Protecting Hungary from Itself: The Limitations of Forcing Compliance
All eyes are on the European Council and Commission as their long-running dispute with Hungary over frozen EU funds nears its ostensible conclusion, with both the credibility of the European Union and the future of Hungarian democracy at stake. The core question is whether the European Union has the legal power and political will to force Hungary to adhere to its rule of law commitments, or whether Viktor Orbán’s government can once more horse trade or game its way out of full compliance.
The dispute began in May 2021, when the EU refused to pay Hungary's share out of the Recovery Fund - the European Union's largest-ever stimulus package, which provided financial assistance for member states in the wake of the COVID-19-induced recession. This September the Conditionality Mechanism was used to withhold an additional 7.5 billion euros over concerns about the country's adherence to the rule of law.
A final decision about the funds is expected by March 2023. To gain access to the frozen funds, the Hungarian government must adopt a set of new laws to strengthen the rule of law and combat corruption in Hungary.
On 30 November 2022, the European Commission found that Hungarian action in addressing the EU’s concerns remained insufficient and funds will be further withheld. Two weeks later, however, in exchange for Orbán dropping his vetoes on the question of the Global Minimum Tax or the EU’s Financial Aid for Ukraine, the Committee of the Permanent Representatives of the Governments of the Member States to the European Union (COREPER II) agreed in principle to approve Hungary’s Recovery and Resilience Plan (RRP) and lower the amount of the suspension of the Cohesion Funds to 6.3 billion euros. Although the payments of the funds are still conditional and are withheld until Hungary has completed all anti-corruption and rule of law reforms, the question is for how long.
The Hungarian government is passing laws at an unprecedented speed and several countries urged the Commission to produce a new assessment. Additionally, the lists including the 17 preconditions and 27 ‘super milestones’ could be easily manipulated to appear as if the conditions have been satisfied. Even if Hungary changes its laws every day according to the separate points raised by the EU, it probably will not have a real effect as these laws only target isolated, individual problems but not the issues in their full complexity. With a two-thirds majority in the parliament, there is a risk that Orbán’s government can change such laws once more after receiving the funds. Since the government has already filled the Constitutional Court with its preferred justices years ago, the impact of any minor adjustments Hungary makes in its legal system is questionable.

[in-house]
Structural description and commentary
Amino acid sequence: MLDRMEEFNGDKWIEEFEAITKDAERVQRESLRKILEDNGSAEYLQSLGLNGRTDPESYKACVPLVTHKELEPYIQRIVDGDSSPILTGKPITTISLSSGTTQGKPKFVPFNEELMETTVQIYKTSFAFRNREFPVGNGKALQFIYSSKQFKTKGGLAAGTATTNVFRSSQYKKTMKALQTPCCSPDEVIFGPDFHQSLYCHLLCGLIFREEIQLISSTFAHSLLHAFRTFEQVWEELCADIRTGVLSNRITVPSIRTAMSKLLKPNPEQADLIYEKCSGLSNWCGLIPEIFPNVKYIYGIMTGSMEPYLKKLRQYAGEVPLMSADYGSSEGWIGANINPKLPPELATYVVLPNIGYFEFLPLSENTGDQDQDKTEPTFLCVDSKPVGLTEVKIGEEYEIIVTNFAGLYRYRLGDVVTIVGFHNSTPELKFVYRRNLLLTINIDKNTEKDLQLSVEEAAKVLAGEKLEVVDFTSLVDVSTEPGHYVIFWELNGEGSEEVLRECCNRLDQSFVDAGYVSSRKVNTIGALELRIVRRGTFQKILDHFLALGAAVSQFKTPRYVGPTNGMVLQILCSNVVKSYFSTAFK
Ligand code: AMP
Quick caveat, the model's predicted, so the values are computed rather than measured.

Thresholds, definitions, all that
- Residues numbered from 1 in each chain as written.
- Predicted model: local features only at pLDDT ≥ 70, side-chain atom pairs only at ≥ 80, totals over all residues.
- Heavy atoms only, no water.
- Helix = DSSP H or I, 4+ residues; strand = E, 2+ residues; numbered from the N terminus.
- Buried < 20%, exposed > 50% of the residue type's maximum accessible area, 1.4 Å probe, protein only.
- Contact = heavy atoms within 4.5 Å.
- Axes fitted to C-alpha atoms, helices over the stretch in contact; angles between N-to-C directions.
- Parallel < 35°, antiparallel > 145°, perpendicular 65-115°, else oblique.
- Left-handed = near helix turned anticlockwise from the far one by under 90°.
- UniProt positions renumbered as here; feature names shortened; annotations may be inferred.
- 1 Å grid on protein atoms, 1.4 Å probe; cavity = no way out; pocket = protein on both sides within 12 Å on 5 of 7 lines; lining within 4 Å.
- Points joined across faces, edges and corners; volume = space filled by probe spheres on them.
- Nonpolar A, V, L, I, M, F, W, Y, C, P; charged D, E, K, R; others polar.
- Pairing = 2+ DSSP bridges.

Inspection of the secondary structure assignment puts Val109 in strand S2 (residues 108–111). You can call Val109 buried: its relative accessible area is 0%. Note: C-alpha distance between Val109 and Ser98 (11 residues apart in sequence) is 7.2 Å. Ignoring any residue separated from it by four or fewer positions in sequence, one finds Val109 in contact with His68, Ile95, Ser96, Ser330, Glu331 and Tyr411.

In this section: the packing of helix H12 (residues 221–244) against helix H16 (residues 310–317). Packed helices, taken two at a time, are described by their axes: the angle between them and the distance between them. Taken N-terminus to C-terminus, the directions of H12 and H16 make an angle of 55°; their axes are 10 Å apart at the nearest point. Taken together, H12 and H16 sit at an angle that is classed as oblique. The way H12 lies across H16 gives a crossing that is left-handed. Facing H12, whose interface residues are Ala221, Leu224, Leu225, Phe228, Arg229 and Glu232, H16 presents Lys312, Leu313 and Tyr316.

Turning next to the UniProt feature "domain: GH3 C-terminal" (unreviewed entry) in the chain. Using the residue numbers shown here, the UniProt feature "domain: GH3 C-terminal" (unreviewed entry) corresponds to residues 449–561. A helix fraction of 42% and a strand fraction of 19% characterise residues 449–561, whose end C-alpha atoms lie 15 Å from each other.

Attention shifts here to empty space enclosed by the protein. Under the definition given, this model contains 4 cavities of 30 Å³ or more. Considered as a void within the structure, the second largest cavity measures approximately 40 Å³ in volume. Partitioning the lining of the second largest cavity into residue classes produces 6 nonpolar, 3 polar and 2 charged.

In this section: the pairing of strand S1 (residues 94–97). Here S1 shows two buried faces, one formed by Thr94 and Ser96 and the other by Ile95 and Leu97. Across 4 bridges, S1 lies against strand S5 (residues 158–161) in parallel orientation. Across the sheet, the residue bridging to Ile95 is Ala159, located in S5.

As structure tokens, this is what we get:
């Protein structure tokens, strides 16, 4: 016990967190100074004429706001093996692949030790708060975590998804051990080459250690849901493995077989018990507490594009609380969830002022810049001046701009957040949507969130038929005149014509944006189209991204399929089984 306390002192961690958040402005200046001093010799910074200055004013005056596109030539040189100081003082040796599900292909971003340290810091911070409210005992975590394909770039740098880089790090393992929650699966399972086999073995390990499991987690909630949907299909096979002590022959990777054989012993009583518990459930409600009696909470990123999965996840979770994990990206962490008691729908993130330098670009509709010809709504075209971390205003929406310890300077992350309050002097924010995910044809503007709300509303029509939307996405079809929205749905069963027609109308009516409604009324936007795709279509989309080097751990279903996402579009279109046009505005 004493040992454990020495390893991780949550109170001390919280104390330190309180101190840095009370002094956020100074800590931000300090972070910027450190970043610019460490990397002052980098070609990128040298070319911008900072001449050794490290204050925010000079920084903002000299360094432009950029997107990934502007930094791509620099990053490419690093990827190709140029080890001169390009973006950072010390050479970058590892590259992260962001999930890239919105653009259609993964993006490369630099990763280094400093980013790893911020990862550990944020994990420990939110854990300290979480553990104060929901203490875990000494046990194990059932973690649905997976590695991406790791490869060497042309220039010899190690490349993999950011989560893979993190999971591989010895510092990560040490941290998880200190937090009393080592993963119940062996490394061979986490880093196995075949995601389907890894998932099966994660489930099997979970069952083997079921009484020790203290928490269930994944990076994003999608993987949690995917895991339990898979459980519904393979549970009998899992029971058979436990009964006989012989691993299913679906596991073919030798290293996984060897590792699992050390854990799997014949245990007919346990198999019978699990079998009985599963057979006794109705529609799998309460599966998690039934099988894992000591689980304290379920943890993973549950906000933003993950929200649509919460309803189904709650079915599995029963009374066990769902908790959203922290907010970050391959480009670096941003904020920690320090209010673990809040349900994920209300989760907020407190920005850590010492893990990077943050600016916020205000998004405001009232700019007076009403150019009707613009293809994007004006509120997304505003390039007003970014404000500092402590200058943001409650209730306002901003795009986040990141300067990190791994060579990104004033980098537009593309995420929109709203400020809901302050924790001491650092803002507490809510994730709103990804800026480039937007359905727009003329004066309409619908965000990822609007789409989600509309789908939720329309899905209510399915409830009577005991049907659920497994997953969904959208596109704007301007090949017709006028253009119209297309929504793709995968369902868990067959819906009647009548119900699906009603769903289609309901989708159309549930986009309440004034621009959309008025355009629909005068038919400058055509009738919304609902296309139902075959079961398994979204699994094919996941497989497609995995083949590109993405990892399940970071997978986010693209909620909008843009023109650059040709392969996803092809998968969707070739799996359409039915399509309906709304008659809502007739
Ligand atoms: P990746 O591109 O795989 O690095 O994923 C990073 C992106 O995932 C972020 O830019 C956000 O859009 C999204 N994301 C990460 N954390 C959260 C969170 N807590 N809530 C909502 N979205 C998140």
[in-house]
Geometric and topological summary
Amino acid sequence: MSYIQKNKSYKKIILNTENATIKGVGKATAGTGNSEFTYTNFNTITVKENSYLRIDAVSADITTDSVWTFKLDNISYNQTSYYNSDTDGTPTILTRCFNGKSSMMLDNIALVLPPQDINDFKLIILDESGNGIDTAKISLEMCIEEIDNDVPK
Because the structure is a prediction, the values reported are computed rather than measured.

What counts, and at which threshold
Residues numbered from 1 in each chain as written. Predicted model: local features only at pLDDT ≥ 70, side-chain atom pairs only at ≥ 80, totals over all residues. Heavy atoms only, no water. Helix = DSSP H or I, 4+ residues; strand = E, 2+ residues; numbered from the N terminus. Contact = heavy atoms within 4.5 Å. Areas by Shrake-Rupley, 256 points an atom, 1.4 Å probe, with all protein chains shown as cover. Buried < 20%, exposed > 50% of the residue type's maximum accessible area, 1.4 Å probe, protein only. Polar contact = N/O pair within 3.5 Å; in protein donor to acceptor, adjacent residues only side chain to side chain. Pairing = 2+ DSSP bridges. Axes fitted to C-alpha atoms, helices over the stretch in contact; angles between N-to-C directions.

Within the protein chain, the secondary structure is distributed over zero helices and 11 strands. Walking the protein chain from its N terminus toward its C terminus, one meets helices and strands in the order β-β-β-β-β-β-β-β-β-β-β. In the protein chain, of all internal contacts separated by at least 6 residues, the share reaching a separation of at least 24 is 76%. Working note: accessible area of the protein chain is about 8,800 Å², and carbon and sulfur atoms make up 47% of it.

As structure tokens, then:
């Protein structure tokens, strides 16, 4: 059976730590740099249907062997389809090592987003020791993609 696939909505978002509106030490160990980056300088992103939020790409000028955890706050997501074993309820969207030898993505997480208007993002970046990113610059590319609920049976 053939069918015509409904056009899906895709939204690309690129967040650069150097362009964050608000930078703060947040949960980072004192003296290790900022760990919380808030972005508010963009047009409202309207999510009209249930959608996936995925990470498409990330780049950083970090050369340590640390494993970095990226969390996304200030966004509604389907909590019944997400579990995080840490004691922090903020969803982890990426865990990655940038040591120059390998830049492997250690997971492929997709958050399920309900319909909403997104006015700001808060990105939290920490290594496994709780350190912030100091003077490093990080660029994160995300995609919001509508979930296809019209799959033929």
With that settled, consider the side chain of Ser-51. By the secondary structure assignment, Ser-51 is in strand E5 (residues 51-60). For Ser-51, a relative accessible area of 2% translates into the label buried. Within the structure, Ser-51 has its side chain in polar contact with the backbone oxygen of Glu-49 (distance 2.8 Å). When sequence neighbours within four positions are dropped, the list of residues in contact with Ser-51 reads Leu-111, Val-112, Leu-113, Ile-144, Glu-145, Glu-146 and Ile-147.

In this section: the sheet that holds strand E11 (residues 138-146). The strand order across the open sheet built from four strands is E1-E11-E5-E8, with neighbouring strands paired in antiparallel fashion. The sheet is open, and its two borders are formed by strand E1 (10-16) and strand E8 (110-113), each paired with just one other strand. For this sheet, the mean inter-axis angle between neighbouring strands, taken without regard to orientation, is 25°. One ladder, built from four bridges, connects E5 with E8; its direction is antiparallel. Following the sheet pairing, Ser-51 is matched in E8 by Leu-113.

The context: limitations of EU interventions and forcing compliance
Previously, EU institutions, such as the European Council and Commission, either could not do enough or member states sought political compromises and simply ignored Orbán’s gradual dismantling of democracy. This was meant to change with the introduction of the Conditionality Mechanism.
As the recent decision of COREPER II shows, however, there is a risk that the EU will still prioritize other issues over concerns about the rule of law, thanks to the Council’s voting rules (which require unanimity) and Viktor Orbán’s tactical vetoes.
As of now, conditionality does not seem to be a solution for Hungary. The Viktor Orbán-led coalition, Fidesz-KDNP, was able to build up a democratic façade and gain control over key institutions with seemingly democratic tools, such as lowering the retirement age for judges, amending the constitution several times, and continuously tailoring the electoral law to favour the incumbent. After creating a legal system that locked in its power, Orbán’s regime then built an additional parallel power structure. This alternative infrastructure enables Orbán to maintain his influence even in the event of a possible electoral defeat. This entrenchment of power means new institutions established to meet EU conditions, such as the Integrity Authority and the Anti-Corruption Task Force, are insufficient to reinstate the rule of law. Any anti-corruption program that is not well-insulated from political influence will be ineffective. If the European Union gives in and pays out both funds to Hungary without it implementing complex legal changes, it will call into question the European commitment to supporting the rule of law, anti-corruption efforts, and the whole notion of the Conditionality Mechanism. Moreover, it would set a precedent for other states, sending the message that politics trumps principles.
But even if the Commission understands that rule of law issues in Hungary have much deeper roots, it can be argued that withholding funds is not the best strategy at all. Although the introduction of the Conditionality Mechanism could pressure a clientelist regime like Orbán’s, it may also backfire: with harsher anti-EU rhetoric and the help of a biased media landscape the Hungarian government can easily control the public discourse, weakening any public support for EU interventions. Policymakers in Brussels need to be careful when intervening and keep such repercussions in mind.
Disclaimer: Opinions expressed in this commentary are those of the author and do not necessarily represent the institutional position of International IDEA, its Board of Advisers or its Council of Member States.